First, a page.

Republican lawmakers came out in droves over the weekend to say they support in vitro fertilization in the wake of an Alabama Supreme Court ruling that frozen embryos should be considered children.

But Senate Democrats plan to test that support, putting up legislation on Wednesday to outlaw limitations on “assisted reproductive technology” such as IVF. Many GOP senators won’t say whether they’d support nationwide protections for the fertility service – or say it’s up to the states to pass protections – even though they believe it should be available to families.

“At this stage of the game I’m not prepared to get into that with legislation until we actually see how a number of the states come up with different solutions,” said Sen. Mike Rounds, R-S.D. “That really is the laboratory that has worked in the past.”

Sen. John Cornyn, R-Texas, said the issue is contained to Alabama for now. “This is a state law matter.”

“When you get rulings like we had down in Alabama, you need to clearly get to the point that it didn’t make sense,” said Sen. Mike Braun, R-Ind. But on laws to protect IVF, “it’s probably best attended to on the state level.”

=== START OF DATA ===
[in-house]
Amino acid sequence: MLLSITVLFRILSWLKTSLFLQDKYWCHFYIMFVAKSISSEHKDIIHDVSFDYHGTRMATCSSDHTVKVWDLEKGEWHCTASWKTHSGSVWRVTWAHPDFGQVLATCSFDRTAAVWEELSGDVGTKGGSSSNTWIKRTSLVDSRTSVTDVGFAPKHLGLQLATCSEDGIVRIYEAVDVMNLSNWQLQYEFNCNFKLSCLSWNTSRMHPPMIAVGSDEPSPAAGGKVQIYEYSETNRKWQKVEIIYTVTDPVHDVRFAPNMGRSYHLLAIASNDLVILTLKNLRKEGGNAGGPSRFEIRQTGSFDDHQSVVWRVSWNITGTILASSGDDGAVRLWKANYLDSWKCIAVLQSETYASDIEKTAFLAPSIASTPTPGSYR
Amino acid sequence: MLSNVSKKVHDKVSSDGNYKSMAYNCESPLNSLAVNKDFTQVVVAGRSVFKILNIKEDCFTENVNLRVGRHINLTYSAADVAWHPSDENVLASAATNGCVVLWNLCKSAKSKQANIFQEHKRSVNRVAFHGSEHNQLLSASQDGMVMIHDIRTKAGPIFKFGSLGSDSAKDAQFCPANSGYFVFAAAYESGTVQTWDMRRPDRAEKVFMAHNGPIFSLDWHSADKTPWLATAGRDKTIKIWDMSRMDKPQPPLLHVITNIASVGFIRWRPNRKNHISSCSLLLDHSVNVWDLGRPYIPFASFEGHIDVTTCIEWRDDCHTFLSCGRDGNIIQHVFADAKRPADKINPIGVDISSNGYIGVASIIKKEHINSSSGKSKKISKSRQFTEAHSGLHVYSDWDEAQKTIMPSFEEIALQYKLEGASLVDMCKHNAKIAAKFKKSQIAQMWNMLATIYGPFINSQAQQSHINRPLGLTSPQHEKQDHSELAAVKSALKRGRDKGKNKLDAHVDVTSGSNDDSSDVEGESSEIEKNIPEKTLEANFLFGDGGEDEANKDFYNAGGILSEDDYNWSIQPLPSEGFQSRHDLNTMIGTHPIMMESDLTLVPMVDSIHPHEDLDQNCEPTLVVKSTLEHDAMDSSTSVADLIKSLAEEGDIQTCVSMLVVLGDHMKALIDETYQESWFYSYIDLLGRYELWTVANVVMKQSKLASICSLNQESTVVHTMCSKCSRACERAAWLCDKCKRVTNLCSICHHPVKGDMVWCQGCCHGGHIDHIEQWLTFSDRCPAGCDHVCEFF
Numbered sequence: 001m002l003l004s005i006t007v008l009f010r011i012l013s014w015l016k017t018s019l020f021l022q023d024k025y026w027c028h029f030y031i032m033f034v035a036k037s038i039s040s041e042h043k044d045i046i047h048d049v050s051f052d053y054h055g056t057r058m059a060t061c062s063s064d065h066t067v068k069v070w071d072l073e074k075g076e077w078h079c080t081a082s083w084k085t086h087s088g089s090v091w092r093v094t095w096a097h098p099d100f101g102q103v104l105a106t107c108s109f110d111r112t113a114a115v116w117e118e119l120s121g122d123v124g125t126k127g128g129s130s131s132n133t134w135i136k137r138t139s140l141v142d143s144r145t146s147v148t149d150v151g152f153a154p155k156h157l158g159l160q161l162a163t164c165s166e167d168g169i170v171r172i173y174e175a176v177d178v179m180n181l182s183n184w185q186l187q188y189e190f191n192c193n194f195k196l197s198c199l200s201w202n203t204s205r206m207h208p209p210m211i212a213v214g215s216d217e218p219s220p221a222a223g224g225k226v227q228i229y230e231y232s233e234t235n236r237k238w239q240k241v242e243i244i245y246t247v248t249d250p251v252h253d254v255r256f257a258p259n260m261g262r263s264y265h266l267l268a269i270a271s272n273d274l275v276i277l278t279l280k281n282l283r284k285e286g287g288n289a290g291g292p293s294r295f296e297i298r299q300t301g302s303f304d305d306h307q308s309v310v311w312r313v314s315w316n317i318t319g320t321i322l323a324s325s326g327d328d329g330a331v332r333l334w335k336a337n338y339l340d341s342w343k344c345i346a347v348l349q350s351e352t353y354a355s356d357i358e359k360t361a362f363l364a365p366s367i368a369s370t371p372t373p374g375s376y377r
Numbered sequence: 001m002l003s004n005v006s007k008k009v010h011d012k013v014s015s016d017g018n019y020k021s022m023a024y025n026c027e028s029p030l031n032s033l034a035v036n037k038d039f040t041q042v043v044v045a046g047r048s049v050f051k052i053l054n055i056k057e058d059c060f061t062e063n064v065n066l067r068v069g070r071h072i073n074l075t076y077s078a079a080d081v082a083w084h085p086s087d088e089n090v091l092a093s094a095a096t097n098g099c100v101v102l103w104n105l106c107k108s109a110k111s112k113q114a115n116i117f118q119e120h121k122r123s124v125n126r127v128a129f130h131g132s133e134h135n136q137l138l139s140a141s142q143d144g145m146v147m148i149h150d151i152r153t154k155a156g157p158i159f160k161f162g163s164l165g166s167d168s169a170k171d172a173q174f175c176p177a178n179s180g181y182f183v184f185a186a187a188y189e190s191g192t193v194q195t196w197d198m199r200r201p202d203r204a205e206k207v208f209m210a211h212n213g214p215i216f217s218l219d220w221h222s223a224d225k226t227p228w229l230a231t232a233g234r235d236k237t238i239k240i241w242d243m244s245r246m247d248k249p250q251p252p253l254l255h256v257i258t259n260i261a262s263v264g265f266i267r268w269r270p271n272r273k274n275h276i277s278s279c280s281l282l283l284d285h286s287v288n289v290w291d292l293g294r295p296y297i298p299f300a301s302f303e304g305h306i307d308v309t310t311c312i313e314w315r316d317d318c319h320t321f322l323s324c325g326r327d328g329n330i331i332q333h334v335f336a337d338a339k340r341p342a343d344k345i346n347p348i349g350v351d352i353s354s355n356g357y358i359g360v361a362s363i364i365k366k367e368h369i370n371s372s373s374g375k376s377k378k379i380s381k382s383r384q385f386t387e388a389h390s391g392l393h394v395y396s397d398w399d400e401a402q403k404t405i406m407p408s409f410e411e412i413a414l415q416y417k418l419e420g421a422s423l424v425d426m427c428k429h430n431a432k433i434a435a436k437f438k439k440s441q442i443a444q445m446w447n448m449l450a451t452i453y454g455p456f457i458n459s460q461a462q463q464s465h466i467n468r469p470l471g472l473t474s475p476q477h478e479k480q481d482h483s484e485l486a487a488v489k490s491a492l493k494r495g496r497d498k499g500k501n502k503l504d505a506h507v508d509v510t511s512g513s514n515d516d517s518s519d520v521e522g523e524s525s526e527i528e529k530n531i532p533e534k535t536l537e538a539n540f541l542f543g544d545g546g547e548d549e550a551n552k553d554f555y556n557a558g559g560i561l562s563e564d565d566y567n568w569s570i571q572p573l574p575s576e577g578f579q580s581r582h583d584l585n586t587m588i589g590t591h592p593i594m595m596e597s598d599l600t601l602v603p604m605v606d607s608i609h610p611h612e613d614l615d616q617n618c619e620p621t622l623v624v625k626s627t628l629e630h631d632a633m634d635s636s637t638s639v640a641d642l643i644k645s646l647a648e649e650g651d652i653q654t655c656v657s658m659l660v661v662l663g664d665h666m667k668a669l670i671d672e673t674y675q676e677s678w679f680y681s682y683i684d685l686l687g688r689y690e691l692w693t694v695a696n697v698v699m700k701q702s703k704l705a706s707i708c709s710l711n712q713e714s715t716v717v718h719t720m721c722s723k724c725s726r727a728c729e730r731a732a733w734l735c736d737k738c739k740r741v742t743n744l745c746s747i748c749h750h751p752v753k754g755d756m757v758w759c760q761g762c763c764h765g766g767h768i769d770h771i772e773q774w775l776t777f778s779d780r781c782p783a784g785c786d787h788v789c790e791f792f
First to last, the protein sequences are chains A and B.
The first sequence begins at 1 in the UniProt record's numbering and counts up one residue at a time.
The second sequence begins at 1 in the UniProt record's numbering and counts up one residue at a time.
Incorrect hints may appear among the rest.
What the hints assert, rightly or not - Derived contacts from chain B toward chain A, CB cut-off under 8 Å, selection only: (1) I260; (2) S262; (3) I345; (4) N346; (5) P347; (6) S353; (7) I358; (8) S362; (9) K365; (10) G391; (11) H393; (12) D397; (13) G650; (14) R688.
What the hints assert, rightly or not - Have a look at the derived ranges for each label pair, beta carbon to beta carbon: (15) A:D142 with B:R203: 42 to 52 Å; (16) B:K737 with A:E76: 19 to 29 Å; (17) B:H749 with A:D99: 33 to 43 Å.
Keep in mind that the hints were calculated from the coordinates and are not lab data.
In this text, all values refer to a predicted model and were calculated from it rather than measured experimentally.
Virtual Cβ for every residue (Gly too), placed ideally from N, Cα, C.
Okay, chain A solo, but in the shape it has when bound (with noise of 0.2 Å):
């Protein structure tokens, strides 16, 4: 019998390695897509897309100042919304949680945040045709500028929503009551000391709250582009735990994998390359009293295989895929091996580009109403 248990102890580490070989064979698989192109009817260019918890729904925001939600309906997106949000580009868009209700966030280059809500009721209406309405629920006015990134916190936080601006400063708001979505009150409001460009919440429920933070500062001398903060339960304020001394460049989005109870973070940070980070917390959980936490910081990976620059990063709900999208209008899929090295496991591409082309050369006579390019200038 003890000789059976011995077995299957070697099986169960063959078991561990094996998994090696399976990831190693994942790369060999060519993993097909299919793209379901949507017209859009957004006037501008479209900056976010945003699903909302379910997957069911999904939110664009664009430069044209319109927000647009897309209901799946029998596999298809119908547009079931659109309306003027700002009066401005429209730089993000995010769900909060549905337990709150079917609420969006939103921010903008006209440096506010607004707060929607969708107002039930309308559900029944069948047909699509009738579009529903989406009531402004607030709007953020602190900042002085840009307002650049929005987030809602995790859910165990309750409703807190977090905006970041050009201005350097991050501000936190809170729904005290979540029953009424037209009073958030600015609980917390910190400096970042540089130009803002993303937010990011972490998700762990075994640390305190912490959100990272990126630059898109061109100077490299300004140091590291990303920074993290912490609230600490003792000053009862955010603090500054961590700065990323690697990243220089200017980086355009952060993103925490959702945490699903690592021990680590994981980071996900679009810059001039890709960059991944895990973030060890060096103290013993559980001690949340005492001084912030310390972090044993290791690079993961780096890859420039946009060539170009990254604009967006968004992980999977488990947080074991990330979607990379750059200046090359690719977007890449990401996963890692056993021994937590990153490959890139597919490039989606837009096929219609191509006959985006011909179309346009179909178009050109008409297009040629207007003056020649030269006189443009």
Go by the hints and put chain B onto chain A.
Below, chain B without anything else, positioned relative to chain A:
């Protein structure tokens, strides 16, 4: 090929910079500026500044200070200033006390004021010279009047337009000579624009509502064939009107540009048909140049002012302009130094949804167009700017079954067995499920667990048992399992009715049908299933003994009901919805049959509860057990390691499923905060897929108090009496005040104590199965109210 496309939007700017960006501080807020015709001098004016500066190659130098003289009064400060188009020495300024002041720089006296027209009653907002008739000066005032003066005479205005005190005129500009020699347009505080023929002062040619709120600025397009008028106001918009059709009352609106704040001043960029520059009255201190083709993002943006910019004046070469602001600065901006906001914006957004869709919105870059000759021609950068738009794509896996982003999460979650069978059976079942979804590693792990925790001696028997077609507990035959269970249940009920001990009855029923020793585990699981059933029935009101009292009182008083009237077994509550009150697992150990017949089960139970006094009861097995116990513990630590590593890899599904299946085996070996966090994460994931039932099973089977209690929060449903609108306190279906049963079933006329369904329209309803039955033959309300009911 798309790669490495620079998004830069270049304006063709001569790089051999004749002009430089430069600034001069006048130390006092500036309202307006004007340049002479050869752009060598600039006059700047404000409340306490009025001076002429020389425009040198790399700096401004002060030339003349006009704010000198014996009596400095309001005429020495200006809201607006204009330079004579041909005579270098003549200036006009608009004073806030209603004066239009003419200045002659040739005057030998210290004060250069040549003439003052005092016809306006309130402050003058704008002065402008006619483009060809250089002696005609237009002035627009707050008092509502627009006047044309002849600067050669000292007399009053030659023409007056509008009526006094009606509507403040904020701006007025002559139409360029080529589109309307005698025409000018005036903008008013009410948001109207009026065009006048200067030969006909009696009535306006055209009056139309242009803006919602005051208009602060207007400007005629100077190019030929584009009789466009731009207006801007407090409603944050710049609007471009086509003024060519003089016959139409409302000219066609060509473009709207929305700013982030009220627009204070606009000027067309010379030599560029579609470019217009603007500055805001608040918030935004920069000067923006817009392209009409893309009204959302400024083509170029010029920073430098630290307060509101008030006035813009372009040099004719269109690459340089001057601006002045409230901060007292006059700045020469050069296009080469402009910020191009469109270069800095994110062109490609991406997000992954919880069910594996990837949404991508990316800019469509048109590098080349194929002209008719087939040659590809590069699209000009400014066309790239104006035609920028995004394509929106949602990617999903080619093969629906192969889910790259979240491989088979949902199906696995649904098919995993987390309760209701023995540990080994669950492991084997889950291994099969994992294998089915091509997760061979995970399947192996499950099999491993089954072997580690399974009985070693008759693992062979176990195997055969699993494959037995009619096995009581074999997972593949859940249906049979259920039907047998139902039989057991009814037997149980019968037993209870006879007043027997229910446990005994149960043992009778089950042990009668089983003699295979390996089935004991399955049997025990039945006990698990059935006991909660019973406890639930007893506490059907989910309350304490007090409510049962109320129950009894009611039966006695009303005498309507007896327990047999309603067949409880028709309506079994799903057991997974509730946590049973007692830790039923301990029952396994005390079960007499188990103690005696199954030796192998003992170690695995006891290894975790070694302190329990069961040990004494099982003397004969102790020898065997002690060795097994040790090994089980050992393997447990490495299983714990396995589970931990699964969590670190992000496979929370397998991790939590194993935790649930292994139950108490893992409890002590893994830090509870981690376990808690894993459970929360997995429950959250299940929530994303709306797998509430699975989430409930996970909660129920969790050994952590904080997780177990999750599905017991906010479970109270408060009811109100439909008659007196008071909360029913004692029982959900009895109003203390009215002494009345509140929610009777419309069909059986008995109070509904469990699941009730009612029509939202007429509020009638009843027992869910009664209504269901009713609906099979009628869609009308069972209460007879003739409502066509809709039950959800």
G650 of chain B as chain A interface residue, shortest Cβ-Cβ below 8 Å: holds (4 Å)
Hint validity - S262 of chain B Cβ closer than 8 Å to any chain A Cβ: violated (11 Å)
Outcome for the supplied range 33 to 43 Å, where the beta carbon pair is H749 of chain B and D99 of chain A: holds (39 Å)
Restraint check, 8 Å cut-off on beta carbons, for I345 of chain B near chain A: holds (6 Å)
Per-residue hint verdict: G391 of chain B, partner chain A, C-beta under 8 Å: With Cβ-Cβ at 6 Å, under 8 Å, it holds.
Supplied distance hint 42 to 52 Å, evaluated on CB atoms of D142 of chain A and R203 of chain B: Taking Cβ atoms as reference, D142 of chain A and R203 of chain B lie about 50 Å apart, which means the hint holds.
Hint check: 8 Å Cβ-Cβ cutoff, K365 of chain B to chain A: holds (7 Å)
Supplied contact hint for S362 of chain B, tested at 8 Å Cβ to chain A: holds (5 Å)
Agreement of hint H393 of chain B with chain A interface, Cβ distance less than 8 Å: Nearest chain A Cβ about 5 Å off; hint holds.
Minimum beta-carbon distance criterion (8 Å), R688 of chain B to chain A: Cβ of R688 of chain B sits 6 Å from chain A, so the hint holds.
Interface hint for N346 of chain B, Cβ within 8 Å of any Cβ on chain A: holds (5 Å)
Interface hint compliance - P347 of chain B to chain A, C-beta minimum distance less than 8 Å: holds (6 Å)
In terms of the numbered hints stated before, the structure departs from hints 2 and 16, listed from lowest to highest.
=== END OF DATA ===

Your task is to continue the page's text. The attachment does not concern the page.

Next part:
Both Republican and Democratic lawmakers in Alabama have filed bills to protect IVF since the state Supreme Court’s decision came down last week, rocking Americans across the country hoping to have children via the procedure.

Is an embryo a child? Alabama ruling sparks new debates

The Alabama court ruling has also sparked new debates over reproductive rights for many conservative senators – who have long advocated for abortion restrictions.

The state court’s ruling was issued as a part of wrongful death cases brought by couples whose frozen embryos were accidentally destroyed at a fertility clinic. Citing anti-abortion language added to the Alabama constitution in 2018, the state’s judges determined that wrongful death claims could be applied to “unborn children,” including embryos.

The decision had immediate repercussions. Alabama’s biggest hospital, the University of Alabama at Birmingham health system, paused some infertility treatments the next day over concerns of potential legal vulnerability.

Sen. Marco Rubio, R-Fla., said he supports IVF, but he also believes frozen embryos used in the procedure are human lives.

“That’s the challenge. That’s at the crux of the ethics of it,” Rubio said. “In the balance of things, how do our laws recognize the dignity of that human life and also understand what it enables is a life-creating procedure?”

But should Congress act to clarify that? “I don’t know the answer to that – I don’t know if that’s a federal regulation or whether that’s on a state-by-state basis,” he said.

Sen. Cynthia Lummis, R-Wyo., said because Alabama’s government “has given legs to concerns abut the use of IVF, at least in Alabama, I want to see what they do first” before Congress acts.

Asked how anti-abortion advocates square the belief that life begins at conception with support for IVF – a procedure that often requires multiple embryos to be conceived and for some to eventually be destroyed – she said she doesn’t know when life begins.